Image Alt

Pursuit of it All

Sunday Roast Chicken

Sunday Roast Chicken

Preparing and cooking an entire roast chicken seems daunting. I know.

The reality is this: IT’S SUPER EASY.

A good sized roast chicken can feed a dinner party crowd (or a large family). It can also work as dinner for two or four, and then leave you with great leftovers to be used during the week for things like casseroles, fajitas, sandwiches, salads and more.

If you’re frightened about ending up with raw chicken, do yourself a favor and buy one of these handy-dandy probe thermometers that can stay in while the chicken is roasting. It beeps when the meat reaches a safe temp. Brilliant!

Otherwise, the 20 minutes per pound rule, with a 425°F oven, generally works like a charm for me.

Sunday Roast Chicken

Mmm… Roast chicken…

There’s nothing that screams “COMFORT FOOD!!!” more than roast chicken, mashed potatoes and gravy. And who doesn’t need a little comfort food on a Sunday afternoon. Right?

Seriously—you need this recipe. Pin it. Save it. Print it. Keep it handy.

It’d also be wise to pin (or print and save, for you “old world” home cooks) this recipe for Overnight Slow Cooker Chicken Stock, because then you’ll never have to buy chicken broth again (and it’s really yummy).

Sunday Roast Chicken: crispy skin, and super tender and juicy. Feed a crowd, or save leftovers for other meals during the week!

And just because it’s “Sunday” roast chicken doesn’t mean you’re relegated to only making it on Sundays. This can also be a great weeknight meal, since the oven does all the work!

Sunday Roast Chicken
Recipe Type: Dinner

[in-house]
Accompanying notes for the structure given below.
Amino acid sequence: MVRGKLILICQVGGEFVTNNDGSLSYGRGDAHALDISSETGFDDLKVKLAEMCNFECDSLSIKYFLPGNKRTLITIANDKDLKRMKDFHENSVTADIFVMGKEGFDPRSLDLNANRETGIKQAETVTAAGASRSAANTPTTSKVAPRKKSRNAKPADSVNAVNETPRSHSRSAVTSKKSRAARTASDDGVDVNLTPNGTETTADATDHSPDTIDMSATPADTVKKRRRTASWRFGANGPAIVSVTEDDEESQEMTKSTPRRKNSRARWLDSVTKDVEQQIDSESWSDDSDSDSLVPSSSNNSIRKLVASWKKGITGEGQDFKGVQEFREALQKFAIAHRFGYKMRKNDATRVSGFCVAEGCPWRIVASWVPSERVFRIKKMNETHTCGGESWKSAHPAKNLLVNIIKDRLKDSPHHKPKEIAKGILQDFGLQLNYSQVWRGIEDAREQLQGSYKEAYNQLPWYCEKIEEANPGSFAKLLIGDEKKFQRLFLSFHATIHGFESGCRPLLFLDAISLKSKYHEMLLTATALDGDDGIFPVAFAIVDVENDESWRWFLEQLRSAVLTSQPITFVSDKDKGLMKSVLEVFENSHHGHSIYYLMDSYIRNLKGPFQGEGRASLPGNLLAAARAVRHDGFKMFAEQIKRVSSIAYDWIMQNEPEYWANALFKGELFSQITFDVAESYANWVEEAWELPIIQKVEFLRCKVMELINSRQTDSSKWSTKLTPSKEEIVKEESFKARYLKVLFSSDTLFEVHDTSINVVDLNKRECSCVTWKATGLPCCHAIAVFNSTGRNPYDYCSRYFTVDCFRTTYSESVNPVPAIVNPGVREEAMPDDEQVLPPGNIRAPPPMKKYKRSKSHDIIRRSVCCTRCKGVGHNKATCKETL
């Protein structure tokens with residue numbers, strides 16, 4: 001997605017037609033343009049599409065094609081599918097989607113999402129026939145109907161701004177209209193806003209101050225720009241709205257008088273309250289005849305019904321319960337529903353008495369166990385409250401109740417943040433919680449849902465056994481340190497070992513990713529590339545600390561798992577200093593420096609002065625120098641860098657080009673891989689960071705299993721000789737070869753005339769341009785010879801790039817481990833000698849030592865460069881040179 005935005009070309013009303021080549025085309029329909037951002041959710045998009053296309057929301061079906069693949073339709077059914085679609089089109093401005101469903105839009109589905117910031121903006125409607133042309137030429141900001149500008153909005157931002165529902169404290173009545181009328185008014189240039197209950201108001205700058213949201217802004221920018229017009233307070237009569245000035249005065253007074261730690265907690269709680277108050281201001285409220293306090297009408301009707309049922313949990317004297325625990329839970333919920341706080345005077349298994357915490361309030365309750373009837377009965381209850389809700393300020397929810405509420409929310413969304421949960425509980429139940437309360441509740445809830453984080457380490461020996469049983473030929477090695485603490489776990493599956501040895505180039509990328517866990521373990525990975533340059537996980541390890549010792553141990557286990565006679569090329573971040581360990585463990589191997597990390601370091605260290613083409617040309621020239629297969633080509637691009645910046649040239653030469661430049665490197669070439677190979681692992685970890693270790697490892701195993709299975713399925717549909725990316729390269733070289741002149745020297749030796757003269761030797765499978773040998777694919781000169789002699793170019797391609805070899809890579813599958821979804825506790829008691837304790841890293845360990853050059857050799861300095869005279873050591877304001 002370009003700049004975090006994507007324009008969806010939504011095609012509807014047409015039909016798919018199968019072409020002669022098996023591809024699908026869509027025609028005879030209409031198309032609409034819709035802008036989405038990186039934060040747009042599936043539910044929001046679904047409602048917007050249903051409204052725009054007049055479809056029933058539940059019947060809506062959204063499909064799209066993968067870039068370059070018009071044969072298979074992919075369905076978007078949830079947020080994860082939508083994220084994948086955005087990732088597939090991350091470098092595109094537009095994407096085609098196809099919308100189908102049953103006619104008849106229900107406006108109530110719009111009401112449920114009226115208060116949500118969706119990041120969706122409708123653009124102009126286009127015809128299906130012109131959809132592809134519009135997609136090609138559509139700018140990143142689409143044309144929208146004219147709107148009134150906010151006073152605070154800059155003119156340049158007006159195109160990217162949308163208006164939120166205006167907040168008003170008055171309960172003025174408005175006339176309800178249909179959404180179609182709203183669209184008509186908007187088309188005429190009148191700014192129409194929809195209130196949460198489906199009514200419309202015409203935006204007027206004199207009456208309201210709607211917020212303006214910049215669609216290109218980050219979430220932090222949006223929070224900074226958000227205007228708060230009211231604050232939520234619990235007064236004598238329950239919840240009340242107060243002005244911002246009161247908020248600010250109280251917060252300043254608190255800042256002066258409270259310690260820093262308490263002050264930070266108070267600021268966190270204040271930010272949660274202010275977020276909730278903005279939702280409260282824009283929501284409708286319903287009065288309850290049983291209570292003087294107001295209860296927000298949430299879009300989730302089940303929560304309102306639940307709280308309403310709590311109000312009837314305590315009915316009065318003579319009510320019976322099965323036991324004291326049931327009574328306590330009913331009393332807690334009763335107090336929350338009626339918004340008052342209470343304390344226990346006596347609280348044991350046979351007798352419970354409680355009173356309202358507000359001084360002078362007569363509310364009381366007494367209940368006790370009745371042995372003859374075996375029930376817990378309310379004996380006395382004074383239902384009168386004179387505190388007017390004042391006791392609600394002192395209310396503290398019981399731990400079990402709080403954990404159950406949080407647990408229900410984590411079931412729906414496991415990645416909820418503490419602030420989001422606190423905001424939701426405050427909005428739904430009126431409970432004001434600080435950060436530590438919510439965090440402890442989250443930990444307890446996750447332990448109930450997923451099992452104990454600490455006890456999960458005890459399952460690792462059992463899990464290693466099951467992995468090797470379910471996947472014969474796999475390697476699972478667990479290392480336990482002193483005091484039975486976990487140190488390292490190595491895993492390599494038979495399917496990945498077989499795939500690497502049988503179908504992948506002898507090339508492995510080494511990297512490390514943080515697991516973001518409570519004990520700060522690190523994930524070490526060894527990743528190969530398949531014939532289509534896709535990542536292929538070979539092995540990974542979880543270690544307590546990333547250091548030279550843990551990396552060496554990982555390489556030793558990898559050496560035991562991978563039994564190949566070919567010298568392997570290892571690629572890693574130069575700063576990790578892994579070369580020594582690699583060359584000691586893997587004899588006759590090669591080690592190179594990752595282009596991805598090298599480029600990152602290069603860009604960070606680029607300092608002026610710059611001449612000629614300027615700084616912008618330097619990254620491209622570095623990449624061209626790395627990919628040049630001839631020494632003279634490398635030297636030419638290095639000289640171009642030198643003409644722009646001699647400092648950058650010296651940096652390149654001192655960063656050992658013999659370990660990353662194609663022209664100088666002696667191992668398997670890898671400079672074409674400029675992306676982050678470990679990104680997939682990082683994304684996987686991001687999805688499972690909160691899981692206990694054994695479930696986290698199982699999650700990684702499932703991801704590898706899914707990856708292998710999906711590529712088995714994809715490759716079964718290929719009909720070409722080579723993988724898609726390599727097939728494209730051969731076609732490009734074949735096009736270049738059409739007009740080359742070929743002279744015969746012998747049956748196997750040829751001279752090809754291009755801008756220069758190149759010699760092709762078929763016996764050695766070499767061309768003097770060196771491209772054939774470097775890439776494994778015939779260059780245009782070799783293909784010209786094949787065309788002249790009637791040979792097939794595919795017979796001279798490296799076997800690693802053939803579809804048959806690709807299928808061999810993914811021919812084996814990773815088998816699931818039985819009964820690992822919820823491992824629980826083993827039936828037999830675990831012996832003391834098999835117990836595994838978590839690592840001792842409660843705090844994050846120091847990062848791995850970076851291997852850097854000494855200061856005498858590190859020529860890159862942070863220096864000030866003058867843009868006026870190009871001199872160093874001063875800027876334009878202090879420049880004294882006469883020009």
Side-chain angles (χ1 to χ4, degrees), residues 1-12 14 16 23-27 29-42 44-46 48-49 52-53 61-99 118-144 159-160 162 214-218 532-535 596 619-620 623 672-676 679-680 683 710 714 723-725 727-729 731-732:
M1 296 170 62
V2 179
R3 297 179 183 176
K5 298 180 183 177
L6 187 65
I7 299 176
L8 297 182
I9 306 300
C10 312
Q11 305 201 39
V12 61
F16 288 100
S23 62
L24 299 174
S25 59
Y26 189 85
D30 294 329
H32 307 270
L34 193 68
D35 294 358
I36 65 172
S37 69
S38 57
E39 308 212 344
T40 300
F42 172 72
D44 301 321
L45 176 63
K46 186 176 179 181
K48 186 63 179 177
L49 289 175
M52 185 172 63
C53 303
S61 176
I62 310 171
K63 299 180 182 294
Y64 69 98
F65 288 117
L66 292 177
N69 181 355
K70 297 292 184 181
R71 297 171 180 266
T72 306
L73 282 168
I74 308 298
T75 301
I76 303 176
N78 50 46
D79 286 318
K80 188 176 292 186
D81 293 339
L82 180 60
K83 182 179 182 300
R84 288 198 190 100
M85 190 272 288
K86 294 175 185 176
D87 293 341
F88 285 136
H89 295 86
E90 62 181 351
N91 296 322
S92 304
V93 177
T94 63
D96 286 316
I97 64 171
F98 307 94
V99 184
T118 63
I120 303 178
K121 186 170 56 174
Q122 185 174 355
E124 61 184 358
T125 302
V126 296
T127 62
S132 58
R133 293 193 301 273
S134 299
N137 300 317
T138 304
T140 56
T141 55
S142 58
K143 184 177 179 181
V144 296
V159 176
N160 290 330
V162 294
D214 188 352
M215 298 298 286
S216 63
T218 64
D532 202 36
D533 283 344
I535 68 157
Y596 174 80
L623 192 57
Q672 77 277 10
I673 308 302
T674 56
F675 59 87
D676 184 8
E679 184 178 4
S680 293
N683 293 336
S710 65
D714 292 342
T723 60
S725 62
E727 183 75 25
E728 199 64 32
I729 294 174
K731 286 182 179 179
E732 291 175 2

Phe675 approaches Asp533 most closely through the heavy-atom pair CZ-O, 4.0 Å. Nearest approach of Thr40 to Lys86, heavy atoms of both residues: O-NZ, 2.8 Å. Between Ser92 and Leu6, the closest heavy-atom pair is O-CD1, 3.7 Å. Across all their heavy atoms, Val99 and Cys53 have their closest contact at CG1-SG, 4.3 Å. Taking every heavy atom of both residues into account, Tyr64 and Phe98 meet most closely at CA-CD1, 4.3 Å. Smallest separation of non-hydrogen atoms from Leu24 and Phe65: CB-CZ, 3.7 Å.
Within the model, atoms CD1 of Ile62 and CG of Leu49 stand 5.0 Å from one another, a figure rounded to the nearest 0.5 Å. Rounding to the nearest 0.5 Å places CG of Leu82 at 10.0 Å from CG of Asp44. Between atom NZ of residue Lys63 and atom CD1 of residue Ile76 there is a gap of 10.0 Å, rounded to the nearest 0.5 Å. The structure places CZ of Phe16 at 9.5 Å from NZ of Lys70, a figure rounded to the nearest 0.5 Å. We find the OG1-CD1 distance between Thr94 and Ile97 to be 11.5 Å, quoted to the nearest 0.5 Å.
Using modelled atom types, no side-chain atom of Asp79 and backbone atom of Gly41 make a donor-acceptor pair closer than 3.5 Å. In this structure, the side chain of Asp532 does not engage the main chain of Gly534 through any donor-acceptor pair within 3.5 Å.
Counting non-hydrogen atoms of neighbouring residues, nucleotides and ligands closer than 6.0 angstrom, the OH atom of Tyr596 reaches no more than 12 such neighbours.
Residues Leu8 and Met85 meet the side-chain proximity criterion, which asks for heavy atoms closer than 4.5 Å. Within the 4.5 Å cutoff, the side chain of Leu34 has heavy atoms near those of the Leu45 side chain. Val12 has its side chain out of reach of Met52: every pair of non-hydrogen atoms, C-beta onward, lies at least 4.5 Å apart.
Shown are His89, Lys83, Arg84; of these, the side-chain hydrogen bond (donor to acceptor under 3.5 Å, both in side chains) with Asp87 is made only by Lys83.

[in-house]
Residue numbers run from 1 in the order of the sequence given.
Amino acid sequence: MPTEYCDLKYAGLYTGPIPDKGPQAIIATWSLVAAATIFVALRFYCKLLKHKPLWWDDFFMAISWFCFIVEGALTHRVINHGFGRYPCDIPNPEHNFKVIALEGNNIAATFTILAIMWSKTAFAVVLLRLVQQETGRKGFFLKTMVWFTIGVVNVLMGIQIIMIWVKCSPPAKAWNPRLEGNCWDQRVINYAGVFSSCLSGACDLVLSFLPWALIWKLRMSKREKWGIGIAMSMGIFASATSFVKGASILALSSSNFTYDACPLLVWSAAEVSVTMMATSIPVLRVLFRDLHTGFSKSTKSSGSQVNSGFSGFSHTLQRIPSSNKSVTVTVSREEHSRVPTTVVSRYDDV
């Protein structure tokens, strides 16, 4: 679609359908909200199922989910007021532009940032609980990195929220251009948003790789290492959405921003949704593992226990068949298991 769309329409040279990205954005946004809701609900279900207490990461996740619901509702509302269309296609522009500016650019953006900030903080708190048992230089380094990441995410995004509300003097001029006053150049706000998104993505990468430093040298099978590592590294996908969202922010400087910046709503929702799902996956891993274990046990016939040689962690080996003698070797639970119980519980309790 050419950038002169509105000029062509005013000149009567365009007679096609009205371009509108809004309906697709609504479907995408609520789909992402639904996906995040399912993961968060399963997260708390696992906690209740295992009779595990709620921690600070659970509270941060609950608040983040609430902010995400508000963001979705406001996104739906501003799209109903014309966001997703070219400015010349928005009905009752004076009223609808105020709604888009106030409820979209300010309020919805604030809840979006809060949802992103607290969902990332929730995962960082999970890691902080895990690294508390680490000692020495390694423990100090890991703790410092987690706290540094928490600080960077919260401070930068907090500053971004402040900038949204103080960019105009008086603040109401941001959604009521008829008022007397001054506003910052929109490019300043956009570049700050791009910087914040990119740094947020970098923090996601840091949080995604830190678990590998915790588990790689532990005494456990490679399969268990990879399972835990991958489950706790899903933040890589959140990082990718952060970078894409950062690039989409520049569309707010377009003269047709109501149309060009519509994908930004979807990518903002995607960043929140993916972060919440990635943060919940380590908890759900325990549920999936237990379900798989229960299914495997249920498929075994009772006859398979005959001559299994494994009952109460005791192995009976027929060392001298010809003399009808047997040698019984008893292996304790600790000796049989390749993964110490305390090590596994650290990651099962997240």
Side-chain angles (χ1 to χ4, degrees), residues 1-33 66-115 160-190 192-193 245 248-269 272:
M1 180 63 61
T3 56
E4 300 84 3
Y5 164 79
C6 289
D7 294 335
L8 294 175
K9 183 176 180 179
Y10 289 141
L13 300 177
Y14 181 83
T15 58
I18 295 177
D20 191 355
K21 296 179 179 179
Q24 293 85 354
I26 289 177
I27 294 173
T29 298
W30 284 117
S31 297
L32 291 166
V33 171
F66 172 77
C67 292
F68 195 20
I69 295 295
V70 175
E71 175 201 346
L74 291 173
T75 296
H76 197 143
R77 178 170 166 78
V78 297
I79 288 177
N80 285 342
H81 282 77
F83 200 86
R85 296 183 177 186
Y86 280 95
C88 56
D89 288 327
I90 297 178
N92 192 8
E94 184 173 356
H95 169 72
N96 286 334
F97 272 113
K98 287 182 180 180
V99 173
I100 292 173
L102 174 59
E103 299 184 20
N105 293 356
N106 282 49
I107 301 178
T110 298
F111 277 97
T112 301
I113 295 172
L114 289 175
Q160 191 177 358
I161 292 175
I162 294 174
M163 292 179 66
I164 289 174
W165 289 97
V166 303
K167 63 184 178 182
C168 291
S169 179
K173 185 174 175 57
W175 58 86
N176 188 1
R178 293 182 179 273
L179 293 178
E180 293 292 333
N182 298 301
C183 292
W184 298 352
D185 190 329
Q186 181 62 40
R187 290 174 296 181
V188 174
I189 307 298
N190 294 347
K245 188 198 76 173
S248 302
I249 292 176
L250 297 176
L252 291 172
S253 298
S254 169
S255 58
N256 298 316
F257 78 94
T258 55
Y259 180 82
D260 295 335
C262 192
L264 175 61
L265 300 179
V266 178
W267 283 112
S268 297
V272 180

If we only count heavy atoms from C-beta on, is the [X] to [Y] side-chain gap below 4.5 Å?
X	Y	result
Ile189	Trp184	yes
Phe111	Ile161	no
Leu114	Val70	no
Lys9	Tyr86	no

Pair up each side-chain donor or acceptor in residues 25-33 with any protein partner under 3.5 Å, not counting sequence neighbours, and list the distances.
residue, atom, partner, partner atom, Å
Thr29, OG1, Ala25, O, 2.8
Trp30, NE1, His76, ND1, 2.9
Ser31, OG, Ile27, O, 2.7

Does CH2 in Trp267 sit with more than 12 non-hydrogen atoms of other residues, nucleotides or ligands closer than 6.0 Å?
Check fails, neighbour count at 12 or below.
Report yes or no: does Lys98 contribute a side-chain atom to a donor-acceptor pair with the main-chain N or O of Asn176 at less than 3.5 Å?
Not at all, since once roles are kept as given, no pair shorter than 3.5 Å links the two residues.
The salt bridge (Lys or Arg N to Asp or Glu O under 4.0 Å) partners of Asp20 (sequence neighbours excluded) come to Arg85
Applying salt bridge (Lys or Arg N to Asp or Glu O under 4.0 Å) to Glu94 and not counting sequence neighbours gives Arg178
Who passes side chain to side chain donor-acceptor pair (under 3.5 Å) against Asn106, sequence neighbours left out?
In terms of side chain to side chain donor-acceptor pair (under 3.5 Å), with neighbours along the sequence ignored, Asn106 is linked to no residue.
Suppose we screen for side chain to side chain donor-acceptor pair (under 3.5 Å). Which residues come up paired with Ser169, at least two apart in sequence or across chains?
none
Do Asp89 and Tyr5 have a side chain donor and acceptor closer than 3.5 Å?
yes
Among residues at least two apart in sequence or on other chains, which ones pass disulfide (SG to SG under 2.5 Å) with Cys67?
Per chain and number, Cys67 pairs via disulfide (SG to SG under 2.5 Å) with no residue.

Author: Liza
Prep time:
Cook time:
Total time:
Serves: 4
Let the oven do all the work for this tender and juicy roast chicken with crispy skin!
  • 1 4-pound whole chicken, rinsed and patted dry (discard the giblets, or save them for gravy)
  • 1 stick salted butter, room temperature
  • 1 tablespoon sea salt
  • 1 teaspoon coarse black pepper
  • 2 tablespoons extra virgin olive oil
  • 2 lemons, quartered
  • 1 medium onion, quartered
  • 1 head of garlic, halved
  • 2 tablespoons of lemon zest
  • 1 small bunch fresh parsley
  1. Preheat the oven to 425°F.
  2. Place the chicken on the rack of roasting pan that has been filled with 1/2″ of water. The water will serve two purposes: 1) to keep the drippings from burning as the chicken roasts, and 2) to make a great gravy base.
  3. Tuck the wings under the body of the chicken. Stuff the cavity with the lemon quarters, onions, garlic and parsley.
  4. Mix the butter, salt, pepper and lemon zest together in a small bowl. Gently slide your hand under the skin atop each breast to create two pockets. Spread 1/3 of the butter mixture under the skin on one side, then smooth it out by rubbing the top of the skin. Repeat with the second side.
  5. Spread the remaining butter mixture on top of the chicken, taking care to coat the drumsticks and sides of the chicken. Drizzle with olive oil, and sprinkle with a little more salt and pepper.
  6. Roast the chicken for about 60 minutes, or until the skin is crispy and the juices run clear. Temperature with an instant-read thermometer should read about 165°F when taken deeply in the thigh.
  7. Let the roast chicken rest for about 20 minutes before carving; its temperature will rise another 10-15°F, and the juices will settle into the meat.
If you want to roast a chicken that’s larger than 4 pounds, you can use the “20 minutes per pound” rule to determine how long you’ll need to cook the bird. Then keep an eye on an instant read thermometer OR a probe thermometer that can stay in while it’s roasting.

Liza is a self-proclaimed #wordnerd who loves getting sucked into whimsical novels and epic movies, frequently flying under the coolness radar with her laid-back, practical attitude towards life. A foodie at heart, Liza relishes the chance to both cook and eat. (She's not picky.) She’s on the hunt for the perfect mojito, inspiration for a third tattoo, and world peace. You can also find Liza sharpening her knives over at (a)Musing Foodie.

Post a Comment